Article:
Bonnie Raitt has called Smither "my Eric Clapton," and the folk-blues guitarist can indeed energize an audience with his fluid finger-picking style. Raitt also endorsed Smither's songwriting skills by recording, in the early '70s, his "Love Me like a Man" (his version is titled "Love You like a Man"), which has become a concert standard for both artists.
Smither's eighth album is refreshingly spare, featuring stellar guitar-playing set against his sometimes quirky, sometimes heady lyrics and offhand, raspy baritone. His cover of Jesse Winchester's "Thanks to You" sets the tone as he belts out "I ain't some beginner." (Small Revelations also includes two more covers, an excellent version of Brownie McGhee's "Sportin' Life" and Robert Johnson's "Dust My Broom," which Smither puts too much rev in.)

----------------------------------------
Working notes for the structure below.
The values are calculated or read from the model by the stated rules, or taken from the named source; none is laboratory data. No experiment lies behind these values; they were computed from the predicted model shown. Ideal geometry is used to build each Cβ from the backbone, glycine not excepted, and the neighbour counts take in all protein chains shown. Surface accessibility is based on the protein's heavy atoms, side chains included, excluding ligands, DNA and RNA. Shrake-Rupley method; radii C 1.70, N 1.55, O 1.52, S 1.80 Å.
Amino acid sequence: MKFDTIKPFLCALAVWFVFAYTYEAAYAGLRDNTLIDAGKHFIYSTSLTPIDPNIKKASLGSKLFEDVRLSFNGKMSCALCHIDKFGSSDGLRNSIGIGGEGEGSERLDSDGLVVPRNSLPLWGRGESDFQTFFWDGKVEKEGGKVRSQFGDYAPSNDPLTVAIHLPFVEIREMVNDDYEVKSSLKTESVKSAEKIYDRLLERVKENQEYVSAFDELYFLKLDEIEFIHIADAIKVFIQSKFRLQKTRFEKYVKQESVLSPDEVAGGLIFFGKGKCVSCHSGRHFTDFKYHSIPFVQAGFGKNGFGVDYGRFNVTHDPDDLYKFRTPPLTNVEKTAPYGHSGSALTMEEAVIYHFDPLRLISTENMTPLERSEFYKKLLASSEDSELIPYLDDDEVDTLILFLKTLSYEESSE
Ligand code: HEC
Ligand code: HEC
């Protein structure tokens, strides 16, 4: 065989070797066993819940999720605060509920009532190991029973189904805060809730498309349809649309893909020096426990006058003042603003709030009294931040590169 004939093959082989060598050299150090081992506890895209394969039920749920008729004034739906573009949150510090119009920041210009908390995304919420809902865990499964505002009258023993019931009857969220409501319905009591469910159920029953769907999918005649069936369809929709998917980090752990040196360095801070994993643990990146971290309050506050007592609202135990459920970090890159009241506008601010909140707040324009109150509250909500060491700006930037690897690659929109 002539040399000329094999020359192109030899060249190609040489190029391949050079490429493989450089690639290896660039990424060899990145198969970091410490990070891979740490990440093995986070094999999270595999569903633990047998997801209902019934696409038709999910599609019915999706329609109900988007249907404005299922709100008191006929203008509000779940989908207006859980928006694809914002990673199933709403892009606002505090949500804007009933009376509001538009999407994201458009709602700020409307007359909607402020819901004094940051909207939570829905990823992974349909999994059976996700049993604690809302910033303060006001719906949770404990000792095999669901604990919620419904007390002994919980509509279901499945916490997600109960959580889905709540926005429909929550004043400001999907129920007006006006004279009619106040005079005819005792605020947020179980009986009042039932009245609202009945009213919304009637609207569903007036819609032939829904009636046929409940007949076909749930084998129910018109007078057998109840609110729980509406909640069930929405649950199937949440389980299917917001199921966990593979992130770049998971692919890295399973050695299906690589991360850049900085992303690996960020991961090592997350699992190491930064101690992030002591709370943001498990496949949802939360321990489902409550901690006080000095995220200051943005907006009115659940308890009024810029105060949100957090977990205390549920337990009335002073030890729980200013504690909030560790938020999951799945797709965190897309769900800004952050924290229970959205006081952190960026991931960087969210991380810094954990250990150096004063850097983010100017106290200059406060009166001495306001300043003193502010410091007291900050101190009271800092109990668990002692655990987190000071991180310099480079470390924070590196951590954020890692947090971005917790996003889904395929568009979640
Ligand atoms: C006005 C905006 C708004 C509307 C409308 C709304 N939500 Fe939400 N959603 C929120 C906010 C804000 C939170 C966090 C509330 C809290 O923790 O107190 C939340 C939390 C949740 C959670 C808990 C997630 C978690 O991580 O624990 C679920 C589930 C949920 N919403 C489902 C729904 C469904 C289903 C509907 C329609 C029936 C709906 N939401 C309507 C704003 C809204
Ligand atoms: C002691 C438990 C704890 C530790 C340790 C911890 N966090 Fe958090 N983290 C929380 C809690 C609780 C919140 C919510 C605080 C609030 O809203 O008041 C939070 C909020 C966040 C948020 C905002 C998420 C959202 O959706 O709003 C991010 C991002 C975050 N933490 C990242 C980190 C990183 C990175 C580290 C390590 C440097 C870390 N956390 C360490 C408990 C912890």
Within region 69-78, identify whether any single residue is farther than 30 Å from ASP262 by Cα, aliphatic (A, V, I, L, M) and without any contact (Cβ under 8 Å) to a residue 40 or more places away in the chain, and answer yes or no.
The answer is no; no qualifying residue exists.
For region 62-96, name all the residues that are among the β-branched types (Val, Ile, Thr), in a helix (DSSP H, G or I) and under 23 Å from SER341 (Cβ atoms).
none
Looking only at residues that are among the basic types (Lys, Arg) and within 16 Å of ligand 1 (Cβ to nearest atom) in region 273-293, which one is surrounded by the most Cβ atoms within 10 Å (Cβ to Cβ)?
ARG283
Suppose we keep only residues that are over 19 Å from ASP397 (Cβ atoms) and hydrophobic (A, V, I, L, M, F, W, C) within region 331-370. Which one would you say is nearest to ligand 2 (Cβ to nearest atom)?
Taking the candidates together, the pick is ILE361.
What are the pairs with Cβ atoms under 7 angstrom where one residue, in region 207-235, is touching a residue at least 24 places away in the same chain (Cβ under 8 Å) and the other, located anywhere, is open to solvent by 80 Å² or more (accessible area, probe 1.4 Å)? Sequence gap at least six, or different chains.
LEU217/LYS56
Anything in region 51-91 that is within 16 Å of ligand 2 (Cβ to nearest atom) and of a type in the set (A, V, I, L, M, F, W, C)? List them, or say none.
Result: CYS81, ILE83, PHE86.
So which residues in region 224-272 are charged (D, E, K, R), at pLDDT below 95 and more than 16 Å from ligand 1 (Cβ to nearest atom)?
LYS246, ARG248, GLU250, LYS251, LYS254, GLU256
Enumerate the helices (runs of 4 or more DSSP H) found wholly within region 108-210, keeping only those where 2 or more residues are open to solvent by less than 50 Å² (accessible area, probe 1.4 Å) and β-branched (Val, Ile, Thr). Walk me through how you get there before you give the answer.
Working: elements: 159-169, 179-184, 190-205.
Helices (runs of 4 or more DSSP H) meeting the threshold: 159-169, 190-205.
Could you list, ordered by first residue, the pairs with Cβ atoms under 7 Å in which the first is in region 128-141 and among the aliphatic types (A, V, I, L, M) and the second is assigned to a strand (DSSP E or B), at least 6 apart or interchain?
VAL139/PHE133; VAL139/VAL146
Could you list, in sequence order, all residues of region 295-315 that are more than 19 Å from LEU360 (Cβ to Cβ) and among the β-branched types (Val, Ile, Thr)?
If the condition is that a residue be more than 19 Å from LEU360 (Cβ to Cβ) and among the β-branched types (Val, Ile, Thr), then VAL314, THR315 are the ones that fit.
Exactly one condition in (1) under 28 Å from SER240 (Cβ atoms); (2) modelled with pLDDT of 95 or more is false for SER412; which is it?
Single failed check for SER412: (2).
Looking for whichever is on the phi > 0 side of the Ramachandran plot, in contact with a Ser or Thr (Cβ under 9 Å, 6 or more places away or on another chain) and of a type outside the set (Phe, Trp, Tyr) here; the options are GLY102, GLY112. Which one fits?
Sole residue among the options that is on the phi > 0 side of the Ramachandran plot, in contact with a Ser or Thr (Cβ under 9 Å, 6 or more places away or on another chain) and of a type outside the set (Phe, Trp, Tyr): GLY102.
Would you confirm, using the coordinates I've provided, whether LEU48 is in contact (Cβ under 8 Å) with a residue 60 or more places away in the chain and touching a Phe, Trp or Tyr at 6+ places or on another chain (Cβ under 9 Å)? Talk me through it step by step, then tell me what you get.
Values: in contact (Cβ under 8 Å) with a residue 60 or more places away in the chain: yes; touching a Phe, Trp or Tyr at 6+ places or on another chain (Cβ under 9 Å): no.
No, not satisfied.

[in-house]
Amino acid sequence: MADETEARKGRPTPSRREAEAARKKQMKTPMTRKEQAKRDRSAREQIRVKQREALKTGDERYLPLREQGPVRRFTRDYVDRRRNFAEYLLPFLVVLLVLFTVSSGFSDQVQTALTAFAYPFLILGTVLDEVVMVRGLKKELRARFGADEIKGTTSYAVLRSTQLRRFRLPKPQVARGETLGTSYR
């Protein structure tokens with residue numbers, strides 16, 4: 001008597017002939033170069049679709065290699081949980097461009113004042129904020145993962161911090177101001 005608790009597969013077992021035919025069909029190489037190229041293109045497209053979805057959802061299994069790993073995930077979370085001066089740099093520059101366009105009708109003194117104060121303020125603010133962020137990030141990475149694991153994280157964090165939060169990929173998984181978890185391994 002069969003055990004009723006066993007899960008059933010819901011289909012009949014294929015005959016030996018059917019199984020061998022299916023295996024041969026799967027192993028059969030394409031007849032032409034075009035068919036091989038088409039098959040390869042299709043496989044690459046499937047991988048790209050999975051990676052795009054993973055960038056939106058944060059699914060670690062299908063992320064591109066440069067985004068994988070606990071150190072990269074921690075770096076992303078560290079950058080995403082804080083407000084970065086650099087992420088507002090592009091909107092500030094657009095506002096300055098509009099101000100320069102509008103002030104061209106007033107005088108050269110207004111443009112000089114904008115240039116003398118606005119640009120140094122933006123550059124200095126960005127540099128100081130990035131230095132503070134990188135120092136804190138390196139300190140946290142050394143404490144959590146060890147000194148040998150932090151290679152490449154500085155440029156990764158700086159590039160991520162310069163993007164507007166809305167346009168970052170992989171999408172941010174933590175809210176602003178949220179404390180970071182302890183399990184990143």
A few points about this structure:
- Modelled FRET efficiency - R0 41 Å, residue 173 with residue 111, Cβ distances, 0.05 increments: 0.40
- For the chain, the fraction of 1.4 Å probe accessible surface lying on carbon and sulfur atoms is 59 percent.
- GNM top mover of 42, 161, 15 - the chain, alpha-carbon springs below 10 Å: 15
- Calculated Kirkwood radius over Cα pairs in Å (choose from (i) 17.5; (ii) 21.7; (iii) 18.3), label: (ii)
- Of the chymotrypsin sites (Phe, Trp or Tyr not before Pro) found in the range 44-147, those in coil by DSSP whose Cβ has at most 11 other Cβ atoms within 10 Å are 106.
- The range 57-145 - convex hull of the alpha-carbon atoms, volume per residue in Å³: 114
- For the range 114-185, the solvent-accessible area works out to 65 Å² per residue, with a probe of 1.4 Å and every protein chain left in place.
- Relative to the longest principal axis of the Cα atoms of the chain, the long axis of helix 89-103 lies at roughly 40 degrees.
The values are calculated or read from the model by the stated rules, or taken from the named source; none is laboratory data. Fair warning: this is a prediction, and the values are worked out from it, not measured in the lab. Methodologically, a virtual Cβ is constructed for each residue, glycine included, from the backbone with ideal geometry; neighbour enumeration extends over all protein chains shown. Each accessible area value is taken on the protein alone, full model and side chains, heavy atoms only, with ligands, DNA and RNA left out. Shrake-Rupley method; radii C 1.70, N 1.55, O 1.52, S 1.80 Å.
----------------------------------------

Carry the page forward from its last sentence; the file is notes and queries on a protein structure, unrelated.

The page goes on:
But best of all are seven fine new Smither compositions. "Slow Surprise" is a folky song about accepting that a relationship has slowly deteriorated. In "Help Me Now," an up-tempo blues number, some lines suggest Smither's solitary life as a journeyman performer: "Where do I go to close this show/ This one-man band to the bone." His crafty finale, "Hook, Line & Sinker," is a wonderful New Orleans-flavored number complete with a barrelhouse piano solo, the sound of Smither's retreating footsteps and a slamming screen door.
In the title track, Smither sings, "Beware of cheap imitations/ Thankful for small revelations." As one of the latter, he needn't worry about coming across as one of the former. (High-Tone)